As I was preparing my keynote presentation for the recent UK IPv6 Council AGM held in London earlier this month, it occurred to me that I’ve spent a significant amount of time talking about how good IPv6 is at these and other meetings, often to those who are already championing and using the protocol. So, I’m writing it down and sharing it with a wider audience, notably those who are using common misconceptions as reasons for not deploying IPv6.
Misconception #1: It’s been 25 years and only a quarter of the Internet is using IPv6, it should be abandoned
About a month ago, I came across an article that talked about IPv6 being a failure and should be abandoned due to it taking 25 years to reach 25% deployment. What struck me the most was the reference to it having been 25 years.
If you look at Figure 1, it’s obvious that IPv6 was dormant (non-existent) until IPv6 World Day in 2011 and the IPv6 World Launch in 2012. These two events really kickstarted the concerted push for IPv6 — not only its deployment but content delivered by it. As such, I’d say it has not been 25 years but six or seven years, at the most.
Figure 1 — IPv6 adoption graph. Source: Google
One might argue that even 25% adoption is still not impressive in this time frame. Well, there is one thing to remember here: 25% is an average adoption rate across the whole Internet, and many of you realize there is no such thing as a homogeneous Internet. The Internet comprises millions of different kinds of networks with their own drivers and challenges on the road to IPv6 adoption. As such their experiences will vary.
For example, there are enterprises and financial networks that are very conservative, with a long hardware/software life cycle, happily hiding behind a single public IPv4 address. These networks are in no hurry to deploy IPv6 even though some have started moving slowly in the right direction.
On the other side of the spectrum mobile networks, which have a huge and rapidly increasing number of clients, cannot continue to hide behind layers of NAT. Apple measurements show that for cellular networks, 44% of all connections globally are made from an IPv6-enabled network; in the US that number is almost double. In other words: half of all mobile devices are IPv6 enabled and if you are in the US, there’s almost a 90% chance that your phone has IPv6. Instances like this make it hard to believe that IPv6 should be abandoned because no one is using it.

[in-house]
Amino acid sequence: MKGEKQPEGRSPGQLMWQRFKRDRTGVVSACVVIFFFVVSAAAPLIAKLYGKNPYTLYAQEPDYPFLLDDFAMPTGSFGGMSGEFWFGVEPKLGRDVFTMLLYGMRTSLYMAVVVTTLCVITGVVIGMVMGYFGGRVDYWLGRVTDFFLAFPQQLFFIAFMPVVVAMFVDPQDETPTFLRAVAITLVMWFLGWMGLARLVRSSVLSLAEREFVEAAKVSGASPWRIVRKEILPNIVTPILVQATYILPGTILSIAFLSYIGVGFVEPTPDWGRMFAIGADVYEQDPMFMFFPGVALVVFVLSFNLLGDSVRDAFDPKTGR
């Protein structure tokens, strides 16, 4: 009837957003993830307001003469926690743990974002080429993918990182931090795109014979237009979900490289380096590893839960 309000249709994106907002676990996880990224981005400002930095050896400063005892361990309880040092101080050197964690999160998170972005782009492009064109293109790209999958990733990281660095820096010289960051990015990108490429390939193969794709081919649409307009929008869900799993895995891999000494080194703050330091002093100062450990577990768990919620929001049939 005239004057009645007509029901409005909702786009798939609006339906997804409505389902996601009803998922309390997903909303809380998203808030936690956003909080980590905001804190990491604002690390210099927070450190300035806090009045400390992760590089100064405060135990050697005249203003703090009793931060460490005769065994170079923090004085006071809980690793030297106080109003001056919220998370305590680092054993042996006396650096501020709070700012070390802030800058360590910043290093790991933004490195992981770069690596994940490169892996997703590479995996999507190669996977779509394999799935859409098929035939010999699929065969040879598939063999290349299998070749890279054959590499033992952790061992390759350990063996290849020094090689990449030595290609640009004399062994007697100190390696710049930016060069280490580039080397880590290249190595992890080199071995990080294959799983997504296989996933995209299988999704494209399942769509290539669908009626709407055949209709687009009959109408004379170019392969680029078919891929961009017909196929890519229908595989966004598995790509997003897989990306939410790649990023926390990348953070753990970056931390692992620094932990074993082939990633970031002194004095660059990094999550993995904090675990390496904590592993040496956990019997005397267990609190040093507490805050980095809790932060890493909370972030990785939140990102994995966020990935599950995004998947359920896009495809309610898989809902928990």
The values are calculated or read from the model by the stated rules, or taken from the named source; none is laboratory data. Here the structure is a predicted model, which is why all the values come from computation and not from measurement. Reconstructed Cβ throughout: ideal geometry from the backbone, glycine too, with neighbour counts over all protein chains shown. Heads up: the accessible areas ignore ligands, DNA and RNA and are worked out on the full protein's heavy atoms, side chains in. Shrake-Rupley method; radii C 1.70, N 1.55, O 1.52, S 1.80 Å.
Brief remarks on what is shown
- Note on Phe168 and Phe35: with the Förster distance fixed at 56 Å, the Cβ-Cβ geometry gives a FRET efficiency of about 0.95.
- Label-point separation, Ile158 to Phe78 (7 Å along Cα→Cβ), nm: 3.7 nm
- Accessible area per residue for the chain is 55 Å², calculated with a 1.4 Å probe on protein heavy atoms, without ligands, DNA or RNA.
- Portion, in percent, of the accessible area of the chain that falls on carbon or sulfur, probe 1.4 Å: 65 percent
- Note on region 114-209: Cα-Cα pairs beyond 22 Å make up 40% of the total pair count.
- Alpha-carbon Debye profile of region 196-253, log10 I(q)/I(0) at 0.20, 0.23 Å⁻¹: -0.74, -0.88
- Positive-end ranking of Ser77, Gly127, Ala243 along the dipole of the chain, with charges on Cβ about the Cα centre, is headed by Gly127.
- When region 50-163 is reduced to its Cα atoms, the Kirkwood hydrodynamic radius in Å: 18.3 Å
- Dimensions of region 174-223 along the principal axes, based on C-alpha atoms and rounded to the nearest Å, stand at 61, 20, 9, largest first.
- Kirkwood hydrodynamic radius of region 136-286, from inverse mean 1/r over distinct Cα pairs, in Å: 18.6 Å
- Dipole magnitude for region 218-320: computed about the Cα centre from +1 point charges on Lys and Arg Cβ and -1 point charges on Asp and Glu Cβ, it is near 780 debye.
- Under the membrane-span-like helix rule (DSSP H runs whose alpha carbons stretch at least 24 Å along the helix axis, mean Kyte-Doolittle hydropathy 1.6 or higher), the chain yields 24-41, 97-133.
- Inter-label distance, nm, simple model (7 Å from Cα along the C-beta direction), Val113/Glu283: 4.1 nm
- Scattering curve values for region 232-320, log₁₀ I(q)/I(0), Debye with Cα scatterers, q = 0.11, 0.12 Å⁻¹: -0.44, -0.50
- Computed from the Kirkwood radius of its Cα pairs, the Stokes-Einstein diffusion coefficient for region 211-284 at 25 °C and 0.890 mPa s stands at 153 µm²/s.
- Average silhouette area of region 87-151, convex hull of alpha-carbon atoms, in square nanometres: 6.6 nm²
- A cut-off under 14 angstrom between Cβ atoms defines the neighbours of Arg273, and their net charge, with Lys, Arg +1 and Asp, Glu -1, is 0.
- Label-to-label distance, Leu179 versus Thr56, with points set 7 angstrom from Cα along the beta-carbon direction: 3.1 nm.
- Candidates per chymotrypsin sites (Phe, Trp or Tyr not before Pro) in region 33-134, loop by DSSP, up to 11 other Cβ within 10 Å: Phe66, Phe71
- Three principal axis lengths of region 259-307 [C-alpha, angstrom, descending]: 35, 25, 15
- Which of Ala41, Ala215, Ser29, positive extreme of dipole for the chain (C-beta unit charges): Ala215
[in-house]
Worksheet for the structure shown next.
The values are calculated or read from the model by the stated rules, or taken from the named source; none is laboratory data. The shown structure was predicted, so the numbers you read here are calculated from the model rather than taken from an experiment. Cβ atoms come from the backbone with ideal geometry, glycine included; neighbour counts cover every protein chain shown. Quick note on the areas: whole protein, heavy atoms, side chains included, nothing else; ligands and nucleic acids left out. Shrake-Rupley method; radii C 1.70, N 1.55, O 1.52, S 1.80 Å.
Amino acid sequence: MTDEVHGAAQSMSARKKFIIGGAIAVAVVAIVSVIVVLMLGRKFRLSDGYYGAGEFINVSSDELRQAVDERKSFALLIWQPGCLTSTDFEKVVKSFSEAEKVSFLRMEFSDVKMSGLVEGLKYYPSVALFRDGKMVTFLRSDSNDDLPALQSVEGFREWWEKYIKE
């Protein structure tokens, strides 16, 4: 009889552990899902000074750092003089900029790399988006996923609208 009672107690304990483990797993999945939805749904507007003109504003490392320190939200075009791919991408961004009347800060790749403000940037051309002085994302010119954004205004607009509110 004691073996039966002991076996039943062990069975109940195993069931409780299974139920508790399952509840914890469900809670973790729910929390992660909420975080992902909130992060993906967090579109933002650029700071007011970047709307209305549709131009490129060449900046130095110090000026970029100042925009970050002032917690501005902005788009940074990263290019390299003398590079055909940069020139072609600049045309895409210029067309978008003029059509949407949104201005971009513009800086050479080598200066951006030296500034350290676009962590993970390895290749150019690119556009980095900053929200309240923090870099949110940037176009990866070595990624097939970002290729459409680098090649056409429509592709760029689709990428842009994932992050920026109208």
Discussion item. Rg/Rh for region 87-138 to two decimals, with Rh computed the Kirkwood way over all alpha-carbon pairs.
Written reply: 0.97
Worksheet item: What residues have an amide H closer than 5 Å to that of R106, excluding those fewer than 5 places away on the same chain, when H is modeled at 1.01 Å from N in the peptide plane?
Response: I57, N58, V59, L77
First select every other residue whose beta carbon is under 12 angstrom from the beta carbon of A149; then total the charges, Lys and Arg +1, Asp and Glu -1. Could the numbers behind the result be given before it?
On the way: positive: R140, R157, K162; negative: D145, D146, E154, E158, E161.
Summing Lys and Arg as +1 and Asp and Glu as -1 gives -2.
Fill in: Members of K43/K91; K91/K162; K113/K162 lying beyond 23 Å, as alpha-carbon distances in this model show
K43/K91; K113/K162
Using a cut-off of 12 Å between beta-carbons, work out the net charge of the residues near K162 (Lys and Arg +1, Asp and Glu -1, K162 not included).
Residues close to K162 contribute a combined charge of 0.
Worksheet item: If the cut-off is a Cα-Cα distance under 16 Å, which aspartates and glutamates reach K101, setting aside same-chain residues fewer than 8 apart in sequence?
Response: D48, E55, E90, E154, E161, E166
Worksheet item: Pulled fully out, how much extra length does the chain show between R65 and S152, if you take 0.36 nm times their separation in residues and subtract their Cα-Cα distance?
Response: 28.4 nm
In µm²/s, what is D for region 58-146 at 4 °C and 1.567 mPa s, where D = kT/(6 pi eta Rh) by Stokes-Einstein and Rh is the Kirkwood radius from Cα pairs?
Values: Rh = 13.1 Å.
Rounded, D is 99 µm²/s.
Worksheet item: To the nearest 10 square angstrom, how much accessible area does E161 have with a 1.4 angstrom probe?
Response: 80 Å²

Misconception #2: “I don’t need IPv6”
For those who read the section above and recognize that IPv6 is being deployed by multiple networks but believe it is and won’t be relevant for your network, let me try to convince you otherwise.
We’ve been talking about ‘why you might need to deploy IPv6’ for years; IPv4 address scarcity and issues caused by NAT are all well known. However, there are some other reasons for you to consider deploying IPv6.
First, let me tell you a story.
About 12 years ago, when I was working for a network equipment vendor, I was talking to a customer about a shiny new wireless solution that included centralized management and wireless controller access points providing not just Wi-Fi but also allowing location tracking using triangulation. “Oh no!” said the customer. “We do not need all that weird stuff. We are happy with our Cat5 cables. Besides, it must be very insecure and would allow anyone to connect to our network!”.
The truth was they had wireless network features deployed already but in a totally uncontrolled and very insecure manner. Their employees were bringing their own access points creating ad-hoc networks because it was convenient for them; more so than being locked to an ethernet plug. But all these things were discovered later when the customer decided to deploy the wireless network and started to monitor the environment.
Now, what does this have to do with IPv6? Well, the same principle applies: if the mountain won’t come to Muhammad, then Muhammad must go to the mountain. If you won’t come to IPv6, then IPv6 must go to you (and you might not even notice). Most modern switches and routers have IPv6 enabled and so have end hosts (laptops, mobile devices). As soon as you connect two such devices to the same network, they are now able to communicate over IPv6.
Networks that are intended to be IPv4-only might (and most likely will) be lacking IPv6 security features, which leads to accidental service disruptions and deliberate attacks. The most obvious example is a rogue device that sends router advertisements, making itself an IPv6 default router for all IPv6-enabled devices on the link. While Happy Eyeballs would provide a quick fallback to IPv4, if a rogue router is just a plain misconfiguration, the intentional attack could easily result in a connectivity outage or a man-in-the-middle attack scenario. You can find more details on this topic here: RFC 7123, Security Implications of IPv6 on IPv4 Networks.
For those who care more about serving content to users, IPv6 might bring some benefits too. To serve content you need DNS, which in turns means that DNSSEC might (or shall I say should?) be of interest to you. There is one problem with DNSSEC though: it does not work very well for IPv6-only validating clients and DNS64. It’s 2018 (almost 2019) and it’s a bit late to say ‘don’t deploy NAT64/DNS64 networks’ for that ship has sailed; there are millions and millions of IPv6-only devices in mobile networks. Therefore, if you deploy DNS, you should deploy DNSSEC and if you deploy DNSSEC you should also enable IPv6.
There is another compelling reason for IPv6 adoption: allegedly it might be faster than IPv4, at least in some economies. APNIC measurements look quite positive and Akamai reported that for US mobile clients IPv6 is 10% faster than IPv4.
Check back tomorrow for four more misconceptions.
Jen Linkova is a Network Engineer at Google and Co-Chair of the RIPE IPv6 Working Group.
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